Phil Epp's depictions of striking clouds, impressive storms, and lonesome moons make for moving and profound pieces of art.
If you happen to be driving through the unending wheat fields outside of Newton, Kansas, just as a majestic full moon rises over the sprawling horizon, you might catch a glimpse of a lone cowboy photographing the breathtaking spectacle. Give a friendly wave as you drive by — that would be Western artist Phil Epp.
Raised on a “ranch-farm” in rural Nebraska from the 1940s to the ’60s, Epp spent his days playing in the pasture, riding horses, and taking care of the family’s cattle. At an early age, he fell in love with the wide-open plains and vast skies. He would take pads of paper and a pencil outside and start sketching.
“As a youngster, I figured out that art was something that I came by naturally,” Epp says. “People liked my drawings and encouraged me to pursue art as more than just a hobby.” He really didn’t stand out or excel at anything, he says with a chuckle, and drawing was a good way to portray his thoughts and communicate. “I have always been very aware of different visual scenarios, very conscious of what things looked like in my environment. Whether it was the structure of the room I was in and the objects that occupied that space or what I saw while looking out the window — our horses in the field, a landscape, or billowy clouds in the enormous Nebraska sky — it all translated in my mind to what that would be like on a two-dimensional surface. That trait has stayed with me to this day.”
The simplicity of that life, with all its natural beauty and inspiration, was interrupted only briefly in the early 1970s when Epp worked in a hospital. After a two-year hiatus from the canvas, he returned to his art and also to what would ultimately become a 30-year career as an art teacher. He had attended Bethel College, where he gained a deep and lasting appreciation for a genre not normally associated with his traditional Western style: modernism.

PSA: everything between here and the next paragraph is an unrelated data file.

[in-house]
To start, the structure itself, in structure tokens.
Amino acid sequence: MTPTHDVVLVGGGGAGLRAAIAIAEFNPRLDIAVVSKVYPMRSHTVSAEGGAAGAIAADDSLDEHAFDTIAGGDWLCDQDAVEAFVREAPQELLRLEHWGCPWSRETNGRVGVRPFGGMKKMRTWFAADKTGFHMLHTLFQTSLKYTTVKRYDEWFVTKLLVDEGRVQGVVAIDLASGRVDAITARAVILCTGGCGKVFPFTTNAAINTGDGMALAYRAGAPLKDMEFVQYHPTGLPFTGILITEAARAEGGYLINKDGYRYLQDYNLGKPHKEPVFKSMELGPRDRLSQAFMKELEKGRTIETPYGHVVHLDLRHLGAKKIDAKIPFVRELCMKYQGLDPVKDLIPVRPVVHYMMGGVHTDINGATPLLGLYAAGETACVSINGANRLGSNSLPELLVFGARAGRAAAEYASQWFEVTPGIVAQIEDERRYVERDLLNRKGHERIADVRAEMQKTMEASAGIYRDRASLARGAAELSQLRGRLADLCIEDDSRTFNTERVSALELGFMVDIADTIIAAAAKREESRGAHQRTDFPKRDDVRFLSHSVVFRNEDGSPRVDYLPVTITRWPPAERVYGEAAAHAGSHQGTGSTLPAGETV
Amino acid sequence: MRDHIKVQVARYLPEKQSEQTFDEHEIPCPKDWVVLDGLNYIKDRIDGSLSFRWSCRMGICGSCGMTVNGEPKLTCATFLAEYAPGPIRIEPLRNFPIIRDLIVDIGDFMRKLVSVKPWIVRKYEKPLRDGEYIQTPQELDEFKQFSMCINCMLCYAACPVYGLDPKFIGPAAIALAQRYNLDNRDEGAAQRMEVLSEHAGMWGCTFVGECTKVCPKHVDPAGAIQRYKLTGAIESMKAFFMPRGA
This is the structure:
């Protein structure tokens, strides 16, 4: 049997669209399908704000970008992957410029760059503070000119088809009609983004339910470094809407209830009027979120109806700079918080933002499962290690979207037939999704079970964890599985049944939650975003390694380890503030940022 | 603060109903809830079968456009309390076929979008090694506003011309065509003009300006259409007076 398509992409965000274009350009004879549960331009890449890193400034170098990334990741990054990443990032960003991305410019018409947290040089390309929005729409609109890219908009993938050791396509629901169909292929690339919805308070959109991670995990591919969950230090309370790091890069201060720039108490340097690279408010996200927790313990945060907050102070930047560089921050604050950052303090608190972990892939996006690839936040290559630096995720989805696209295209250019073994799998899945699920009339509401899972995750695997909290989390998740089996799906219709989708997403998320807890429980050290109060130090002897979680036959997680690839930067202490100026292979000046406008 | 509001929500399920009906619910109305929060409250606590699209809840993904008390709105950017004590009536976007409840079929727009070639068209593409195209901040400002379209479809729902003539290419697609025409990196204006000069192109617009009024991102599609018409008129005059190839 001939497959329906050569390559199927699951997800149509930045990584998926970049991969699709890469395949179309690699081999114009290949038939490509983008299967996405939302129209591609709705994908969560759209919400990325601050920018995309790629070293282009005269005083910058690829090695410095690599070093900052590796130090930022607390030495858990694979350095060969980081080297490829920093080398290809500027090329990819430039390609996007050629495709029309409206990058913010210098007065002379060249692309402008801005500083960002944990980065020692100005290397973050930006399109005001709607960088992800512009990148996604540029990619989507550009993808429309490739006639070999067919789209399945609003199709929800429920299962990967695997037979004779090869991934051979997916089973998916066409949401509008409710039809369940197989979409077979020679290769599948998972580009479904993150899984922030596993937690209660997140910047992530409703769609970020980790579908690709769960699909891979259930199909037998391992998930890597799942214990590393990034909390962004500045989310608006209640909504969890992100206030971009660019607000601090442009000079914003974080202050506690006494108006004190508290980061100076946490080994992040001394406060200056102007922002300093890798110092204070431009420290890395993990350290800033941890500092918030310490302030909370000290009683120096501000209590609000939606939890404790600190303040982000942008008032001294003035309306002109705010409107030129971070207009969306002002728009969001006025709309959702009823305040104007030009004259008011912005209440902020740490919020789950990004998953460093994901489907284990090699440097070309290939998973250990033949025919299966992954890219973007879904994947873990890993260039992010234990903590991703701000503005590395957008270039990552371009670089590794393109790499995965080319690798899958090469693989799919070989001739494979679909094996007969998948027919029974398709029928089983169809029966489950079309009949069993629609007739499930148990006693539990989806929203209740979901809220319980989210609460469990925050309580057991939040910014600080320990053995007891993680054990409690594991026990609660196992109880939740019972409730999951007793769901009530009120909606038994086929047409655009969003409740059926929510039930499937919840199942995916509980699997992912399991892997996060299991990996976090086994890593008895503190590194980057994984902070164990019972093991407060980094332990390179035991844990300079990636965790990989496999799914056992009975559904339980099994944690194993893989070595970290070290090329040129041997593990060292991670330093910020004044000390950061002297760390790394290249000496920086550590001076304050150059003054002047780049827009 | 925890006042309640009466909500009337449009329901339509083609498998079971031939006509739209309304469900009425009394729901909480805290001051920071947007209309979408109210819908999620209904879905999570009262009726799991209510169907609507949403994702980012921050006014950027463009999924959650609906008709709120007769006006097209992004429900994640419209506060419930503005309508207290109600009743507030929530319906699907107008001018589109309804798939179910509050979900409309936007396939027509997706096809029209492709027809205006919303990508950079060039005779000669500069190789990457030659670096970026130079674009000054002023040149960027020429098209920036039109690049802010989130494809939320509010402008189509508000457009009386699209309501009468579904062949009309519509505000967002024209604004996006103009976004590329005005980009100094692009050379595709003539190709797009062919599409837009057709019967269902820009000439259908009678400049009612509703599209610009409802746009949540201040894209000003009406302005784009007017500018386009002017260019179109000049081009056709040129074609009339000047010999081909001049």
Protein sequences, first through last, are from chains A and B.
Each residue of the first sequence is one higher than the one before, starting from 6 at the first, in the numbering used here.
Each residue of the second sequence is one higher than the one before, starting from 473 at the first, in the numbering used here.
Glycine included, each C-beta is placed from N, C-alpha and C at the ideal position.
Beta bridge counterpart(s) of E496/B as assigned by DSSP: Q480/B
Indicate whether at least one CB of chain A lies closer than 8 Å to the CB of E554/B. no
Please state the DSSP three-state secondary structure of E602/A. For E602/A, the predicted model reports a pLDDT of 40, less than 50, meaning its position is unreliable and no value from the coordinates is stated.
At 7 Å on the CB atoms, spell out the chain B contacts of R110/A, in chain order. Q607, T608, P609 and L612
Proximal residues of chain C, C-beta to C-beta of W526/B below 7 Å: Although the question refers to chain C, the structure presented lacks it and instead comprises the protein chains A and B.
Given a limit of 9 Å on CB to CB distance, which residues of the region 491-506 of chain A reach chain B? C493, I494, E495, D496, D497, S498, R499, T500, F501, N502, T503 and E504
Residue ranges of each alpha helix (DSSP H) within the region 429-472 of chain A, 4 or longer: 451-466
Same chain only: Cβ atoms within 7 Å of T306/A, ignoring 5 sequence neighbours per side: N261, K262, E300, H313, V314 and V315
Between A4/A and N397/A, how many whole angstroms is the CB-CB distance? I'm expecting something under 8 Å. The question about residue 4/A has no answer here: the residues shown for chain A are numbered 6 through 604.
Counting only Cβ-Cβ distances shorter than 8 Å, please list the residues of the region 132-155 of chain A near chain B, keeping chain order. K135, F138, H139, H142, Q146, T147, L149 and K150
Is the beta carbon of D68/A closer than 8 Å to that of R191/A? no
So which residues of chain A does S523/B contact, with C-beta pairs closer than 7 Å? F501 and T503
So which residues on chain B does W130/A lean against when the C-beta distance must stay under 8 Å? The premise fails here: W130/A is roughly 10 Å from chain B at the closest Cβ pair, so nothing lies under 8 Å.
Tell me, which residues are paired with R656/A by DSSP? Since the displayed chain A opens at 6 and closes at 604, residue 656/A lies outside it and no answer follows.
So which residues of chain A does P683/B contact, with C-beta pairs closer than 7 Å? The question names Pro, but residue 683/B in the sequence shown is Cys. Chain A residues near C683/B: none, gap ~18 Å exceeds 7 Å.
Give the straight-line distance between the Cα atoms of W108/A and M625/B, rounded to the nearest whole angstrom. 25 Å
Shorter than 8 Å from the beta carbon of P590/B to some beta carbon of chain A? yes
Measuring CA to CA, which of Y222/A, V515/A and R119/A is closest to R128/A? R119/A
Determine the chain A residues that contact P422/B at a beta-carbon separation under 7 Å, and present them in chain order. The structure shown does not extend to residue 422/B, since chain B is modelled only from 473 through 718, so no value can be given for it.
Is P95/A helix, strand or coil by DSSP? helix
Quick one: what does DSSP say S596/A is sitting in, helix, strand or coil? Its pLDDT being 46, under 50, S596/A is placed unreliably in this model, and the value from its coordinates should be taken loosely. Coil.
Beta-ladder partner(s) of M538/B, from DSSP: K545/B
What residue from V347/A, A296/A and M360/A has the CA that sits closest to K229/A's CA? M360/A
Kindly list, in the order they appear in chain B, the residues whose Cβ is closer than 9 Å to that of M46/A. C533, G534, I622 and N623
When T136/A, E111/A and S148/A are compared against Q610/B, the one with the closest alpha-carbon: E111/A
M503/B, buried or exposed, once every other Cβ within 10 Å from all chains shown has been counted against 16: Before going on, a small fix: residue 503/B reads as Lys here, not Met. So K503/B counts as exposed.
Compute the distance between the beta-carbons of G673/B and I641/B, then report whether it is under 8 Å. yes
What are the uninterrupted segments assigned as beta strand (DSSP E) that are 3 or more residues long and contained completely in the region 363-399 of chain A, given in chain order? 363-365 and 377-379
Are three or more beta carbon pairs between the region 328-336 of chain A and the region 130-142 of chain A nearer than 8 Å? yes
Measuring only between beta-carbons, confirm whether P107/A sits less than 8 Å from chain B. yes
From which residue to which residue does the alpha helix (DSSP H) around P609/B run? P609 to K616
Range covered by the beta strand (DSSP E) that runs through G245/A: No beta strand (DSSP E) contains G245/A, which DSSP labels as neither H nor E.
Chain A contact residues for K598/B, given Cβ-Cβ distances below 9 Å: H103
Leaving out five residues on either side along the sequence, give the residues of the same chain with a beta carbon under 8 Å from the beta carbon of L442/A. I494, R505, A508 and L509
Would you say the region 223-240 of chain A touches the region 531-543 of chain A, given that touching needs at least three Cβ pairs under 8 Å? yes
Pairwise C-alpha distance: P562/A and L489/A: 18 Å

“I started out with an interest in realistic Western art. ... After college, my art became a mix of traditional cowboy realism and modernism. Then, later, it teamed up with regionalism, so it evolved into a kind of hybrid of styles. I like to think of it as an ‘open space’ theme. It’s the wide-open empty spaces and clouds — sort of the emptiness of the American West — that interests me more than anything.”
Open spaces have been the enduring common thread for the five-plus decades that Epp has been painting. His love of spacious plains and especially “deep air-filled skies” is evocatively depicted in his low horizons, minimalist topographies, and stripped-down subjects. Empty corrals, grain elevators, train tracks, horses marooned on a patch of dry ground in a flooded field — whatever he’s painting on the ground, his art is equally, if not more, about what’s going on in the sky.
It’s in that expansive space inhabited by his striking clouds, impressive storms, and lonesome moons that Epp expresses his most profound connection. “I think the sky is important,” he says. “I drive through suburbia and I see that all the land is manipulated — the trees, the grass, the ponds. The only thing that is honest is the sky. I see the sky as a universal place of visual natural honesty. And I like to incorporate a sense of mystery or intrigue — a ‘what lies beyond’ for both myself and the viewer.”
A recipient of many awards and honors, Epp holds two achievements particularly close to his heart. In 2009, he was selected to go for 10 days to Kazakhstan with the State Department’s Art in Embassies program. “It is the land of open spaces and horses,” Epp says. “It felt like Kansas, and I was totally comfortable there. It’s amazing how cowboy it is!”
In 2016, Epp was invited into the membership of the prestigious Cowboy Artists of America. “They’ve been a part of me since my childhood,” he says. “I grew up looking at [their] paintings of cowboys on the covers of magazines, and I never would have imagined that I would actually have the honor of being a part of the organization that was so influential in my early life. I didn’t know if I would be accepted, because my style was not typical of most Western art. It’s a huge commitment, but it’s wonderful, and I love the people that I’m working with and learning from. They are absolute geniuses, exceptional people in terms of their skills and ideas. I only hope I can make a meaningful contribution.”
Phil Epp is represented by Leopold Gallery in Kansas City, Missouri; Trailside Galleries in Jackson, Wyoming; Reuben Saunders Gallery in Wichita, Kansas; Acosta-Strong in Santa Fe; and Modern West in Salt Lake City. You can also see his work at the 54th annual Cowboy Artists of America Sale & Exhibition November 1 – 2 at the Amon G. Carter Jr. Exhibits Hall/Will Rogers Memorial Complex in Fort Worth, Texas. The itinerary includes an exclusive preview party on Friday night and on Saturday, an artist meet-and-greet and autograph session, celebratory awards luncheon, all-day access to view the art, artist demonstrations and presentations at nearby museums, and an evening fixed-price sale. cowboyartistsofamerica.com, philepp.com
Photography: (featured): Hilltop View; Moonlight Riders; Approaching Storm; All images courtesy Phill Epp
From the October 2019 issue.